Los Angeles: Don Rickles, one of the best comedians of the last one century, known for his rough sense of humor is dead. Cause of his death is said to be kidney failure.
His publicist Paul Shefrin who was associated with him for several decades told the media that the 90-year old actor breathed his last at his Los Angeles home. Don Rickles was the the honorary Rat Pack member and celebrity roast guest whose career spanned six decades.
His career saw many ups and downs, but as he continued his upward journey, he caught the imagination of the industry and then never looked back. Besides being a great comedian, he was also a versatile actor and appeared in several films including Run Silent, Run Deep (1958) and Kelly’s Heroes (1970). He appeared in much appreciated sitcom C.P.O. Sharkey in mid-seventies and worked in it for as many as two years.
He was a household name for the last several decades and was part of many talk shows, including The Tonight Show Starring Johnny Carson, Late Show with David Letterman. He lent his voice as Mr. Potato Head in the Toy Story series and went on to win a Primetime Emmy Award for the 2007 documentary Mr. Warmth: The Don Rickles Project.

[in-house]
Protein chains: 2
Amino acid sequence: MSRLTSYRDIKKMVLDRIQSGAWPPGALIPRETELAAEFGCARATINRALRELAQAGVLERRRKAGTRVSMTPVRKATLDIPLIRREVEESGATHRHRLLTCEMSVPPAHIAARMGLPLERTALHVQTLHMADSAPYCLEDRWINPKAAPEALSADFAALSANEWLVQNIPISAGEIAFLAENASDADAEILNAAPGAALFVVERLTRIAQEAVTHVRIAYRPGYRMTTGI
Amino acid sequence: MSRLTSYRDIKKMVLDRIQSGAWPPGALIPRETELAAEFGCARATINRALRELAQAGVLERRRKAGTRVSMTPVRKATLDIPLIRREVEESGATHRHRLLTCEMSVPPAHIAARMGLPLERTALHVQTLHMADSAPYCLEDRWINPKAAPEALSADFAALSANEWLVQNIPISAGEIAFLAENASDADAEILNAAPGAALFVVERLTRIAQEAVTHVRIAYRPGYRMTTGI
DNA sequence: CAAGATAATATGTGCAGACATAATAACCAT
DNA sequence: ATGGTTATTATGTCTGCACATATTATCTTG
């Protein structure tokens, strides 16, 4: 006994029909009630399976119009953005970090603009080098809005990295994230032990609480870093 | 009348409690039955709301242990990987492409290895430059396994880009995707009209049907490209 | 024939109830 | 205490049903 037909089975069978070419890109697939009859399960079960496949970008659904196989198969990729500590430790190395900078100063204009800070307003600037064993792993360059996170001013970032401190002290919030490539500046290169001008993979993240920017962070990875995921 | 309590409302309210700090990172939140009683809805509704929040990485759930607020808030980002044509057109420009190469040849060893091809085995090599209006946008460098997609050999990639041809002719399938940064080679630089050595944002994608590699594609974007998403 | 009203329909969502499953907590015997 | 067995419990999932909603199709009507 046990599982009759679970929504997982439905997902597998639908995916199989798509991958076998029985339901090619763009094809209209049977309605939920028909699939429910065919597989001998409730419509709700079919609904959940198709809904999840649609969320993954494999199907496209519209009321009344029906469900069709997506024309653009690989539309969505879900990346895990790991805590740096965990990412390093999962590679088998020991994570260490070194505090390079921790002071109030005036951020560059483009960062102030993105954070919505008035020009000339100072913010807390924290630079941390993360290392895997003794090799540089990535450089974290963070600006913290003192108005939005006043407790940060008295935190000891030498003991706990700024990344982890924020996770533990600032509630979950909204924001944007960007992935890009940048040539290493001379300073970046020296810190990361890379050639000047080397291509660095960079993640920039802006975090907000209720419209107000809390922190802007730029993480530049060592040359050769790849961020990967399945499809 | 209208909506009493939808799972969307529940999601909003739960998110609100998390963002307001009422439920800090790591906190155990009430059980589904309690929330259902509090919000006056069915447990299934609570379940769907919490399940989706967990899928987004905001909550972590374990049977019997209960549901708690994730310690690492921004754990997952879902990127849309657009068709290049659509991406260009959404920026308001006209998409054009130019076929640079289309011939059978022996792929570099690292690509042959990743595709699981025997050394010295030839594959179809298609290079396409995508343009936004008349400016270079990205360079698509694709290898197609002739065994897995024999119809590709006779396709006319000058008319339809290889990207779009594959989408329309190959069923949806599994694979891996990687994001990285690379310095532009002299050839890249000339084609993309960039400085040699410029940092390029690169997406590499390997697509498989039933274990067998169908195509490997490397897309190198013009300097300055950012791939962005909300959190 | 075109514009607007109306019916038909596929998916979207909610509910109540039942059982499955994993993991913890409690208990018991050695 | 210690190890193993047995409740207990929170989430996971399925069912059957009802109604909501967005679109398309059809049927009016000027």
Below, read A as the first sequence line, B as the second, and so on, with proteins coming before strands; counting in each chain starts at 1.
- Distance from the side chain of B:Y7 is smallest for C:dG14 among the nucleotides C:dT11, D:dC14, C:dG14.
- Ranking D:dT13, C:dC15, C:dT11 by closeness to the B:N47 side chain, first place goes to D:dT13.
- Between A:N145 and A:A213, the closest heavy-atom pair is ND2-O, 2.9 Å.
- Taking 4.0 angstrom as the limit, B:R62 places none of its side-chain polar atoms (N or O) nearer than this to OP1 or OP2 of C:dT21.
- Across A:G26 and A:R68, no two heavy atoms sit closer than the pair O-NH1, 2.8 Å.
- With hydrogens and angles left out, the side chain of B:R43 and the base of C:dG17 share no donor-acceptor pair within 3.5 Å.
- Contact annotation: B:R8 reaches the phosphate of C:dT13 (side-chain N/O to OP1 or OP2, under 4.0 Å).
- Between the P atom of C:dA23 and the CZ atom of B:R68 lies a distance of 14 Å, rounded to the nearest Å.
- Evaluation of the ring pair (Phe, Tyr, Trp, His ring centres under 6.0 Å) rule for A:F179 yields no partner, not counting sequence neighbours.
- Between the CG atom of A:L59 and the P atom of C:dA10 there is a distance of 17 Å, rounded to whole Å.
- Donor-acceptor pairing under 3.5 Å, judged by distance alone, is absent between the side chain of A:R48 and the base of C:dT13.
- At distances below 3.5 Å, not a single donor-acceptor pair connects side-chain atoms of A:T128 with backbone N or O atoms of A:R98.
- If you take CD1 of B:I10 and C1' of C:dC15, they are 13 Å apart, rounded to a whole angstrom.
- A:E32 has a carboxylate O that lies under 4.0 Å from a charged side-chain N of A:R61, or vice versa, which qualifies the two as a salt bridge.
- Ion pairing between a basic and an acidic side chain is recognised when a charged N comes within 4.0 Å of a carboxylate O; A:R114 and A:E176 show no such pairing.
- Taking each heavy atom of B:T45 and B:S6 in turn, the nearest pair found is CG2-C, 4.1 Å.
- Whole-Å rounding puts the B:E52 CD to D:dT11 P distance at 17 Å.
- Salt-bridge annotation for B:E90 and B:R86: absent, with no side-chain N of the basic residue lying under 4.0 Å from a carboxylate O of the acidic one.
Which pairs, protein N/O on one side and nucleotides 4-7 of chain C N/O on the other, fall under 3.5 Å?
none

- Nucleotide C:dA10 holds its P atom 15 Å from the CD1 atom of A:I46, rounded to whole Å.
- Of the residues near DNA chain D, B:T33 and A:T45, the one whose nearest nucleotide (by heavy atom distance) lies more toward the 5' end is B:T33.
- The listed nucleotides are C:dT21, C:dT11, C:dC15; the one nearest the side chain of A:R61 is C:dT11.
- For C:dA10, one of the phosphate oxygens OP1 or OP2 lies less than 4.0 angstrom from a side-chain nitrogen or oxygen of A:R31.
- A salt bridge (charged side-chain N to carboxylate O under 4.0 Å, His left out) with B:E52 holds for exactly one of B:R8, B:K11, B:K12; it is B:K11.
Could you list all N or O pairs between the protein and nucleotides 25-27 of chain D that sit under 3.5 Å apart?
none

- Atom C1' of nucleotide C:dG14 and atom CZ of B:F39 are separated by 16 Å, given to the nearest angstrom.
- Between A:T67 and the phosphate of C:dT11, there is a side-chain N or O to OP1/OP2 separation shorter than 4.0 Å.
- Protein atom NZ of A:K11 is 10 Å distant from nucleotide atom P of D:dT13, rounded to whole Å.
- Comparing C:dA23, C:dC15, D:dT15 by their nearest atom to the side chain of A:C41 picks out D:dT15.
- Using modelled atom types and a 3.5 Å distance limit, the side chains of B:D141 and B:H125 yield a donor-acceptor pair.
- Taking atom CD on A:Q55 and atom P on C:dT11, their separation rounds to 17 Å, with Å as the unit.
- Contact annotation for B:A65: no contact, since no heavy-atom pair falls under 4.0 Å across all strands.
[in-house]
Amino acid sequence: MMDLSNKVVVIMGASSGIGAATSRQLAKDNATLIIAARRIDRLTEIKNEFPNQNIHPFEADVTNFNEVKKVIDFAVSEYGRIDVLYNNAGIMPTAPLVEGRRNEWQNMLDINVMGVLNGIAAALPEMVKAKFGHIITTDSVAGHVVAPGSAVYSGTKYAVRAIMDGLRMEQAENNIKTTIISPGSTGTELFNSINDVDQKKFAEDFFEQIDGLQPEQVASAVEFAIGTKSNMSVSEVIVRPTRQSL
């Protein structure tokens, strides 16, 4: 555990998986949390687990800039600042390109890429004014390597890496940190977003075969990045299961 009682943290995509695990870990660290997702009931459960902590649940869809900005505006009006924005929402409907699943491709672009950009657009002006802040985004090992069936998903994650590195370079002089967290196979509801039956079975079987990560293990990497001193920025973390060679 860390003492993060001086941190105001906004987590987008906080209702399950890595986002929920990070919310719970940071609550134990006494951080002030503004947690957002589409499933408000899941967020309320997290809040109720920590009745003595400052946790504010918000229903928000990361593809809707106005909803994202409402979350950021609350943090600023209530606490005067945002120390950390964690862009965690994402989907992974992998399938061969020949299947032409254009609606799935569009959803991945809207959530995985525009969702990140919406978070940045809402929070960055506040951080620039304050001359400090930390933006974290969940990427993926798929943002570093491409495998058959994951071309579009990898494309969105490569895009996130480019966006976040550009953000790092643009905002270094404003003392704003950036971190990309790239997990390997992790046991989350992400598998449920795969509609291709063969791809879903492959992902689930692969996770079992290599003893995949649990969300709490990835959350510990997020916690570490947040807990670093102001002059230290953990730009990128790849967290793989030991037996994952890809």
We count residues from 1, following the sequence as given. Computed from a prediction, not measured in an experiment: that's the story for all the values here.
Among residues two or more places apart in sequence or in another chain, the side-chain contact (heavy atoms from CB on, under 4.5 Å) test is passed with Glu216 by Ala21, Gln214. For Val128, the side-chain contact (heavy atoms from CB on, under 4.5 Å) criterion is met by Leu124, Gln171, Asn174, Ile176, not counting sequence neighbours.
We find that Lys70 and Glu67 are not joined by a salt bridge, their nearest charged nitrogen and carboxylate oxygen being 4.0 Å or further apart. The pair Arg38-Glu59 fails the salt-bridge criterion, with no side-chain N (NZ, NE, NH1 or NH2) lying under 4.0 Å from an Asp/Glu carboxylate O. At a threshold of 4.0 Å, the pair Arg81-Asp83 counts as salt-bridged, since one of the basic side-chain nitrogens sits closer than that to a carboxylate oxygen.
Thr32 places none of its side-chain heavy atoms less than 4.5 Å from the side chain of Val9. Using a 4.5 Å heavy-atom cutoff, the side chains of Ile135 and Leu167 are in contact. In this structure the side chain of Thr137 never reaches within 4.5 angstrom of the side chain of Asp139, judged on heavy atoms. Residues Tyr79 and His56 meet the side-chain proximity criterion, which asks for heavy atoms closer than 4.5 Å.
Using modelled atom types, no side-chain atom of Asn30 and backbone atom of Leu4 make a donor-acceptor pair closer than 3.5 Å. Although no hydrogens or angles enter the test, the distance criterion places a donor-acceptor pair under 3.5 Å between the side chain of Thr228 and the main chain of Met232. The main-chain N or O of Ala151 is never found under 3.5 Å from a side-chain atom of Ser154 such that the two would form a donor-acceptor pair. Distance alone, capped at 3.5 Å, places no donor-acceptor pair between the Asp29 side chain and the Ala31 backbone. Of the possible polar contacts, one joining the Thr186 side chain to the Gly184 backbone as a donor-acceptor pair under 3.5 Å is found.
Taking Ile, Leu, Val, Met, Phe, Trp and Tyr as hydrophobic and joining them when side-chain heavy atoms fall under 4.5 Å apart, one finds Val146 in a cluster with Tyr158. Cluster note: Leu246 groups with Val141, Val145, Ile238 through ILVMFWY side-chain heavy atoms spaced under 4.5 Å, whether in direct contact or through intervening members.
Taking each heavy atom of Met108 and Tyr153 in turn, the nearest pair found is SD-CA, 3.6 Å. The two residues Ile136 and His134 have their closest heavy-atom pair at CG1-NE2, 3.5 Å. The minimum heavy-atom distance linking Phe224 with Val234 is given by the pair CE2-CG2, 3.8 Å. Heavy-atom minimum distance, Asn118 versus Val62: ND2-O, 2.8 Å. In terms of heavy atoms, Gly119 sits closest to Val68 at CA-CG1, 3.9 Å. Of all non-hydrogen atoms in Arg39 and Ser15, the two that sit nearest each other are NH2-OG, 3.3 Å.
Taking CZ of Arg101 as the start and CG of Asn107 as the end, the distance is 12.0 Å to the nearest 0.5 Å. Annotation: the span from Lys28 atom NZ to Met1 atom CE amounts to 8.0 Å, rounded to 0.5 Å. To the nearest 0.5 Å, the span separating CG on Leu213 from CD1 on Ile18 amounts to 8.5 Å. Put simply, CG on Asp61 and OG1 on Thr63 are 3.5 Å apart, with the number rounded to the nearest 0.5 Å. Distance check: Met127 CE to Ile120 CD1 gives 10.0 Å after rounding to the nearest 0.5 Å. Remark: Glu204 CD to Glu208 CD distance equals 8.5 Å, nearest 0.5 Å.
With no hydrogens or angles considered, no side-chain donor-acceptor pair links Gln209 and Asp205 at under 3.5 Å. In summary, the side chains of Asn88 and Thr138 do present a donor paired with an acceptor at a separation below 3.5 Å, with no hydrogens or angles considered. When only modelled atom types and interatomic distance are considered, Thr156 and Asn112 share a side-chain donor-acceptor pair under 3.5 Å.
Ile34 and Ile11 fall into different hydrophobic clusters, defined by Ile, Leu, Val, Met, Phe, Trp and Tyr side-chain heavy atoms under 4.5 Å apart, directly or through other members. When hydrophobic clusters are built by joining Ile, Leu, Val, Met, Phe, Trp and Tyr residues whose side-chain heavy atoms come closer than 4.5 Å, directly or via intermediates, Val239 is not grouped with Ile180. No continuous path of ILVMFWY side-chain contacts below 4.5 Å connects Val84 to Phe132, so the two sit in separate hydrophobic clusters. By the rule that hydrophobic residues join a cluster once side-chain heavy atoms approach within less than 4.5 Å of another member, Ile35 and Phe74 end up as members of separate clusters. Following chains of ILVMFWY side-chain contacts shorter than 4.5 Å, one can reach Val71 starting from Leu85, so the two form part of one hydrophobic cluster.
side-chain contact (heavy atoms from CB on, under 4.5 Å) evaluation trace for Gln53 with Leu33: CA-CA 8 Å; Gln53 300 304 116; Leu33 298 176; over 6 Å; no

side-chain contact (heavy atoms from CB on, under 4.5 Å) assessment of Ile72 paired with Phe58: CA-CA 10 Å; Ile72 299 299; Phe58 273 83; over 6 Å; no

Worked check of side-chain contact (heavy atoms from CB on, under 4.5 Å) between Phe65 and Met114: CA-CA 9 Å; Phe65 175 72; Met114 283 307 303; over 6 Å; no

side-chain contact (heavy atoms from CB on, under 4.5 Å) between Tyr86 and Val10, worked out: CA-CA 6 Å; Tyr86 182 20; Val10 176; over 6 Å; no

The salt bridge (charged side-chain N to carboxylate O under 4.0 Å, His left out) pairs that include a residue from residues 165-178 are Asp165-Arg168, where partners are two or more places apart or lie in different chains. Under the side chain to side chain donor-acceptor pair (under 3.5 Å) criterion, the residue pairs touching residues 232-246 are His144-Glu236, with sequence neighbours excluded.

A report in The Variety while talking about him says, “Though he appeared in films and on television, Rickles’ mainstay was always nightclub performances, appearing in Las Vegas and elsewhere into his late 80s. He also found late success as the voice of Mr. Potato Head in the “Toy Story” films, which were exceptional box office performers, and popped up frequently on latenight talkshows… Rickles’ career had its ups and downs as comedic tastes changed, and his curmudgeonly persona was sometimes out of kilter with audience tastes, but he survived long after many of his contemporaries had disappeared into retirement. And when he was hot, he was a potent club headliner, insulting his audience with his two key signature phrases “dummy” and “hockey puck.””
Once, while describing himself, Rickles said, “I make fun of the world…You know that. And if you know how to handle that and you treat people — and you make fun of yourself, hey, it’s not offensive.”
Several decades ago, in an interview with the Los Angeles Times, Rickles described himself in the following words, ““I was always the guy who made jokes and ribbed people at parties…After I went to the American Academy of Dramatic Arts I got sidetracked into clubs and started doing comedy…Sometimes I knew generally what I was going to do, but I’ve never written anything down. Call it a sixth sense, the lines just come.”